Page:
Ahuja

Dr. Naman P Ahuha - Distinguished Visiting Lecturer

"This series of lectures delves into the importance of some extraordinary, and little-known objects that enhance our understanding of the core foundations of Indian visual culture. They look at issues of iconography of cults that have now vanished, the nature of the relationship between the domestic cults and public statuary, mass-production in Ancient societies and the dissemination of religious and ‘secular’ iconographic models."


The Department of History and Classics is pleased to be hosting Dr. Nama P Ahuha, Nehru University, New Delhi, from 19-29 March and in the course of his stay he will give a number of lectures and graduate student seminars.

We are extremely pleased to announce that Dr Ahuja will also give two lectures open to the general public:


The British Museum Hariti: a Unique Example of Gandharan Transnationalism

The Chandayana; One of the earliest illustrated Sufi manuscripts from Hindustan

Full schedule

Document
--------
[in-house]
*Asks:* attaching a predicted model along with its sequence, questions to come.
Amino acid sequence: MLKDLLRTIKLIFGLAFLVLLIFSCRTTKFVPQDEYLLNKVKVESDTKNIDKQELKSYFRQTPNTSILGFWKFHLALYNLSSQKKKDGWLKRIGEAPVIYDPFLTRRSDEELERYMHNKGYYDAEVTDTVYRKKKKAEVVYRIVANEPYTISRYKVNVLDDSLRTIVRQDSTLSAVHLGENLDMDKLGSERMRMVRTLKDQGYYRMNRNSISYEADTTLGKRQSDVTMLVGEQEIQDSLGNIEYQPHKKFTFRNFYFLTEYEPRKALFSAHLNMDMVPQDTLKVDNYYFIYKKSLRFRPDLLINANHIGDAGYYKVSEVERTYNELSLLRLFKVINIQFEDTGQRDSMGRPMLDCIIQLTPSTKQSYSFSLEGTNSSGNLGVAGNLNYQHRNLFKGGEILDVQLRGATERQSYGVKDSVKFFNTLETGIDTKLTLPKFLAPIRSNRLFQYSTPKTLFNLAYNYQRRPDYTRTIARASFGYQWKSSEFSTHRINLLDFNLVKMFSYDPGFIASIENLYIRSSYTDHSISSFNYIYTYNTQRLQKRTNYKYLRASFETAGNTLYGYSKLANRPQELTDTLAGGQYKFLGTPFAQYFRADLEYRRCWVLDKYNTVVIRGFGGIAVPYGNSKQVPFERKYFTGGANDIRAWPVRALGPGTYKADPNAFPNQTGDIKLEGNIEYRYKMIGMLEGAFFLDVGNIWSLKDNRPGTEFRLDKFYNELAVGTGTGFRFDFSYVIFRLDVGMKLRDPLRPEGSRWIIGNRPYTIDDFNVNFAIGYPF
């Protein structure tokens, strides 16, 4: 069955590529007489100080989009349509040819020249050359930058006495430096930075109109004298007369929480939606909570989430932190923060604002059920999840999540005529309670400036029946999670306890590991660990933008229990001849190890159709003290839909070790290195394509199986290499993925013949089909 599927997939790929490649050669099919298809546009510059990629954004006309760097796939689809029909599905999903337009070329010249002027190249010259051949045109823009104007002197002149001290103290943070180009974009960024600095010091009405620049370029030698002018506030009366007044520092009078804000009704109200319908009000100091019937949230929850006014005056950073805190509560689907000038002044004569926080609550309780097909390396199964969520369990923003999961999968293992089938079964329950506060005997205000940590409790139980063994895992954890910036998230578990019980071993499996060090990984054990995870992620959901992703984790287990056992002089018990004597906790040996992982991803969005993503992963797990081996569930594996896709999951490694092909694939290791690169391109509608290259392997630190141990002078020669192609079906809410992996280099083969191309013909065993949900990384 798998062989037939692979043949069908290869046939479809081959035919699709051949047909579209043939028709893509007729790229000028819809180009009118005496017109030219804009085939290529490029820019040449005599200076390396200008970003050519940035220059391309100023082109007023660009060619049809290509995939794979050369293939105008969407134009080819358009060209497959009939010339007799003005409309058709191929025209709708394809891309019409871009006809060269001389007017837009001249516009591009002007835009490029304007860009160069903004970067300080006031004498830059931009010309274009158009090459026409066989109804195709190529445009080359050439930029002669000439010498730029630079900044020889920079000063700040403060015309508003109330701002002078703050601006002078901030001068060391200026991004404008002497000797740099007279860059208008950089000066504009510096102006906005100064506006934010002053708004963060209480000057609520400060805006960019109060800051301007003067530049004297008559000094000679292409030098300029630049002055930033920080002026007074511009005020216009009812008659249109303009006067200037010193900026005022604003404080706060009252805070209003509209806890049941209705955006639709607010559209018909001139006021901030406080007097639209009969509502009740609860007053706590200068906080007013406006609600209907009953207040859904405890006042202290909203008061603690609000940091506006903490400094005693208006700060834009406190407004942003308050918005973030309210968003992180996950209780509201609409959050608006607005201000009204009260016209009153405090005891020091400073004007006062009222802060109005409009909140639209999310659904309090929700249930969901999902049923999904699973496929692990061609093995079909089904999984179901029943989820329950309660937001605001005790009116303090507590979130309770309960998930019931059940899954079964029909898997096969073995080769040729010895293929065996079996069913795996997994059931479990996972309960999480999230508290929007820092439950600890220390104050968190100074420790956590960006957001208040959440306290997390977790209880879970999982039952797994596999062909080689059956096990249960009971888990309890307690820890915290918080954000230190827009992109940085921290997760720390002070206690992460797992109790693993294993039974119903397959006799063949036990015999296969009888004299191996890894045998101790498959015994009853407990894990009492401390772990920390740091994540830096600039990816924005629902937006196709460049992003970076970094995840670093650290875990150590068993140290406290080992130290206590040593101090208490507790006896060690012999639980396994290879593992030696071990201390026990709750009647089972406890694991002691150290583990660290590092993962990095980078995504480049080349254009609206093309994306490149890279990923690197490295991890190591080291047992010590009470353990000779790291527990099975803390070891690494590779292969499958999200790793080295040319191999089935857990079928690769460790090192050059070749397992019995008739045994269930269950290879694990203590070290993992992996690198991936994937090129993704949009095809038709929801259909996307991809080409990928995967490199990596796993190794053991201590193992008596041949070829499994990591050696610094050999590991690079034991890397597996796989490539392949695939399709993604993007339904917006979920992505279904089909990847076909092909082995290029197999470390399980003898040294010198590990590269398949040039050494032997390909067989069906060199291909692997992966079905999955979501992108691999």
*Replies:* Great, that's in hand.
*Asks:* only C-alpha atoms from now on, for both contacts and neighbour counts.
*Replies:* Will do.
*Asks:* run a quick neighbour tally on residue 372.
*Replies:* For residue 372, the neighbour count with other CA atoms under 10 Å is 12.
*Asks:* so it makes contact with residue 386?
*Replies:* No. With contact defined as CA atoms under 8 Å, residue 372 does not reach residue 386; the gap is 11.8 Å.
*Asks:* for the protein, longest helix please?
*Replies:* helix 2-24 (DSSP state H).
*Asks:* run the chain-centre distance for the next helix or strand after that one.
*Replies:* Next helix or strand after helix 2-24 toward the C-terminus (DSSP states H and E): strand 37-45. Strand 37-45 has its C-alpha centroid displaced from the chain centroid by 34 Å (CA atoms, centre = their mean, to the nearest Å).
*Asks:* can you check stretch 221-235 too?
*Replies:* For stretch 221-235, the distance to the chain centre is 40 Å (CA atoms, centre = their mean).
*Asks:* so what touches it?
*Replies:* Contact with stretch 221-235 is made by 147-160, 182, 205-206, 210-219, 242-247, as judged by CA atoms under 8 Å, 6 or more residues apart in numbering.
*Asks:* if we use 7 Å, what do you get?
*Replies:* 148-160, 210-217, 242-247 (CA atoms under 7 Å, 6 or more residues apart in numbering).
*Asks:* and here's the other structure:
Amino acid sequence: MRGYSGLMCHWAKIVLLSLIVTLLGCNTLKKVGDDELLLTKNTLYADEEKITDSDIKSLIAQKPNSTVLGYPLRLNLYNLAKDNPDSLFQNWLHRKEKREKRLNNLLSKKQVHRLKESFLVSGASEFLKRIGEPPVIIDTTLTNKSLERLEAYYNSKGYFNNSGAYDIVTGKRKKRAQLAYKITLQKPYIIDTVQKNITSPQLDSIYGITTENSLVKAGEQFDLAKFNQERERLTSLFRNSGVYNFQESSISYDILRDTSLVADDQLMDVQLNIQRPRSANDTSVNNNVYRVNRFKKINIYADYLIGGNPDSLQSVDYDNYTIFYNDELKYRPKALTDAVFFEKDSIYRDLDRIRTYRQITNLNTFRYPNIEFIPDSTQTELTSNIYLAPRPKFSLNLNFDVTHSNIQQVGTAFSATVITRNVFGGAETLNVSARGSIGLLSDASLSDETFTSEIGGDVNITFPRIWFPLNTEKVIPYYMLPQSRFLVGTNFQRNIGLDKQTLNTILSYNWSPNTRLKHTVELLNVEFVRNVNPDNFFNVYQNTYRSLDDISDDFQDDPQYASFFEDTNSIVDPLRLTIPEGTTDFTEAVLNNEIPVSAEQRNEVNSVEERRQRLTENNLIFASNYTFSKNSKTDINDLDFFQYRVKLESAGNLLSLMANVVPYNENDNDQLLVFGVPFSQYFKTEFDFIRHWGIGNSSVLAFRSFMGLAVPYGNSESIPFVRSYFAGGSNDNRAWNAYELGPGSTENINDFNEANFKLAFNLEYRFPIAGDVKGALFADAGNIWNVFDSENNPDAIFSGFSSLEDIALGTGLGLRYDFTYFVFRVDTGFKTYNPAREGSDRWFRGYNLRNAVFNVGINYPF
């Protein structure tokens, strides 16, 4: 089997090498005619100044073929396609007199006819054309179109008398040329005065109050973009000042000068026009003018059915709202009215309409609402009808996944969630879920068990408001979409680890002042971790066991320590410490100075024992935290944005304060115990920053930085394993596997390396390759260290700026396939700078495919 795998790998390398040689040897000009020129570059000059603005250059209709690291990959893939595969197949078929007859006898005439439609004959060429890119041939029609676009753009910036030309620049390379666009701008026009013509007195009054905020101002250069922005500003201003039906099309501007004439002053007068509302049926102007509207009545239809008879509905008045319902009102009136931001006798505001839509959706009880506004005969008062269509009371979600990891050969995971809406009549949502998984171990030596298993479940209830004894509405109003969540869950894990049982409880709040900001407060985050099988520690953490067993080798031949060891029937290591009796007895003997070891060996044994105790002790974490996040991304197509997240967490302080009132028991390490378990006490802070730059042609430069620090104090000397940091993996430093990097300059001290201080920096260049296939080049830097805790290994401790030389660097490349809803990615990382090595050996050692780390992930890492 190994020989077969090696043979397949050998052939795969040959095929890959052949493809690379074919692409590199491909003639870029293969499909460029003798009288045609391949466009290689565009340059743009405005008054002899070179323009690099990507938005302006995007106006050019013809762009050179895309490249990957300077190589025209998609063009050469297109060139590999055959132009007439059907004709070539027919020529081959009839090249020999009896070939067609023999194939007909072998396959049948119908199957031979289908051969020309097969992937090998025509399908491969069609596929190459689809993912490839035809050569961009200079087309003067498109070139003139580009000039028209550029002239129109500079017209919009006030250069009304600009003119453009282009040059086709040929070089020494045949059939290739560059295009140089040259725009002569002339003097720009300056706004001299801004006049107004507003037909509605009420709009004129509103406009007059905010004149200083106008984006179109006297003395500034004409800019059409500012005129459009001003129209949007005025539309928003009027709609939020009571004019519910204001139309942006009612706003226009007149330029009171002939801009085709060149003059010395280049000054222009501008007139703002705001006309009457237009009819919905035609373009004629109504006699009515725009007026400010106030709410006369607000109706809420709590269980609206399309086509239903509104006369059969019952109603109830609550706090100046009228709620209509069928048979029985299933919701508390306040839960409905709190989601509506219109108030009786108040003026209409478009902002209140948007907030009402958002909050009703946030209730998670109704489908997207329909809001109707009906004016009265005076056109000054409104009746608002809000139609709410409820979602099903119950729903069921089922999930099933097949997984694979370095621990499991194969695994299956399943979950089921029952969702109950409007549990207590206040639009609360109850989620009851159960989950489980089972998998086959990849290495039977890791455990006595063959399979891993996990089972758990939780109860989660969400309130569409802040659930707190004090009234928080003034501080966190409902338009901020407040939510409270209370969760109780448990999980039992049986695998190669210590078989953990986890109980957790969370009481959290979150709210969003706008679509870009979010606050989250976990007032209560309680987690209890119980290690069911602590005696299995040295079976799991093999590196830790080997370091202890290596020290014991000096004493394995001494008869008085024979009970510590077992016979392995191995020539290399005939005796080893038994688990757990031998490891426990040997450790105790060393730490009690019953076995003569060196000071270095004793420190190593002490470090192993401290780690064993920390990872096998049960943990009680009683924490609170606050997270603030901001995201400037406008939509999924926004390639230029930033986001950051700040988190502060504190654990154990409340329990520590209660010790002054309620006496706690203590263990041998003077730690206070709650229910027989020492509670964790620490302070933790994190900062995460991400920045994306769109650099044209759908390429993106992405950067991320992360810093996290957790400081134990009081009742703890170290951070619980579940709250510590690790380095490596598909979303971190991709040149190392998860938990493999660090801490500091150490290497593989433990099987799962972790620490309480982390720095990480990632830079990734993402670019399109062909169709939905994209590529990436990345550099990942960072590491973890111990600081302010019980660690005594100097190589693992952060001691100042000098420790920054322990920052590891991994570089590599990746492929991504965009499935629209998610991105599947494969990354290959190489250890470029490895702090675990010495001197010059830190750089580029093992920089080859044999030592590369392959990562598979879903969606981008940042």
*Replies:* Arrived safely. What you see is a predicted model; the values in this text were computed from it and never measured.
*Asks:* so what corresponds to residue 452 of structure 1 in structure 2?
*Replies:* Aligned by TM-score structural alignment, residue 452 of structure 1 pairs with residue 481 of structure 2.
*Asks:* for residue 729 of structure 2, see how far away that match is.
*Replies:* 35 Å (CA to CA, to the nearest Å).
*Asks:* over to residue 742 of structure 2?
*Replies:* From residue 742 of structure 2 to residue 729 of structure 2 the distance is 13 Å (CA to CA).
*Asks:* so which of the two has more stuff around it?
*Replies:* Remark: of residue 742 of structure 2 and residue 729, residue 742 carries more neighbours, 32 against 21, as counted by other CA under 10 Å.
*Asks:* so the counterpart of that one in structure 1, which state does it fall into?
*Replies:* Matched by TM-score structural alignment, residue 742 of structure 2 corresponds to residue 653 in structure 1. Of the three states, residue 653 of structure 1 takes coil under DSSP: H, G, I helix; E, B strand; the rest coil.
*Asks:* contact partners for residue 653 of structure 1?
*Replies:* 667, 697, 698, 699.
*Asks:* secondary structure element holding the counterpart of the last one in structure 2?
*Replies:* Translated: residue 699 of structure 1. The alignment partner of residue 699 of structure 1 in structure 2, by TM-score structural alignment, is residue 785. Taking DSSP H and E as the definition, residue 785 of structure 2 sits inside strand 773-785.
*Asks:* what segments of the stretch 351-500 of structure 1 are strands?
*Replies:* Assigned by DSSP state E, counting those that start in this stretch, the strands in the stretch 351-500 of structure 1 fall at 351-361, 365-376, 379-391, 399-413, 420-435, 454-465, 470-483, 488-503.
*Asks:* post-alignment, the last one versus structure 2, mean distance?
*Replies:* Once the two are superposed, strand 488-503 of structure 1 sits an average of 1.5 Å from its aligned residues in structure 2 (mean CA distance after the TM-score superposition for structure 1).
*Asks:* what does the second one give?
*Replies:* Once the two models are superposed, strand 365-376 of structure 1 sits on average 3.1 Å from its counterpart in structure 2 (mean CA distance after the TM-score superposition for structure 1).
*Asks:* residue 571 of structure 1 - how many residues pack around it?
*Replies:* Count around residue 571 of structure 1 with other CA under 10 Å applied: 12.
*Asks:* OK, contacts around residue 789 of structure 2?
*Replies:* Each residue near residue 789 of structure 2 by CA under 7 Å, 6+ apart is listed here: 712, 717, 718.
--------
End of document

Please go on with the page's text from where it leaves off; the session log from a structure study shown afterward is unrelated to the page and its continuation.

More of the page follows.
Dr Naman Ahuja is Associate Professor of Ancient Indian Art and Architecture at Jawaharlal Nehru University, New Delhi where his research and graduate teaching focus on Indian iconography, sculpture, temple architecture and Sultanate period painting. Last year he held a Nehru Fellowship at the Nehru Memorial Museum and Library, Teen Murti House. Previously, he was Fellow at the Ashmolean Museum, Oxford, where he authored a catalogue of the museum’s collection of Ancient Indian antiquities. From 2001 to 2002 he was Curator of Indian sculpture in the Department of Oriental Antiquities at the British Museum, London. He was lecturer of the MA program on the Religious Fine and Decorative Arts of India at SOAS (School of Oriental and African Studies, London University) from 1998 to 2000 and Tutor of the SOAS / Christie’s and latterly the British Museum’s Diploma in Indian Art. Dr. Ahuja’s Ph.D  (SOAS, London University, 2000) was titled ‘Early Indian Moulded Terracotta: The Emergence of an Iconography and Variations in Style, Second Century BC to First Century AD.’ This was the first comprehensive taxonomy of artefacts from excavated sites  and later formed the basis for the international conference: ‘A Pantheon Rediscovered?’ which he co-organised  at Yale in 2007. He has curated several exhibitions in India and abroad on themes ranging from Ancient to modern Art. Some of his publications include: Divine Presence, The Arts of India and the Himalayas (Five continents editions, Milan, 2003) which was translated into Catalan and Spanish, “Changing Gods, Enduring Rituals: Observations on Early Indian Religion as seen through Terracotta Imagery c. 200 BC – AD 200” In South Asian Archaeology, Paris, 2001, Ramkinkar Through the Eyes of Devi Prasad (Delhi, 2007) and his latest work, The Making of the Modern Indian Artist-Craftsman: Devi Prasad (Routledge, 2011).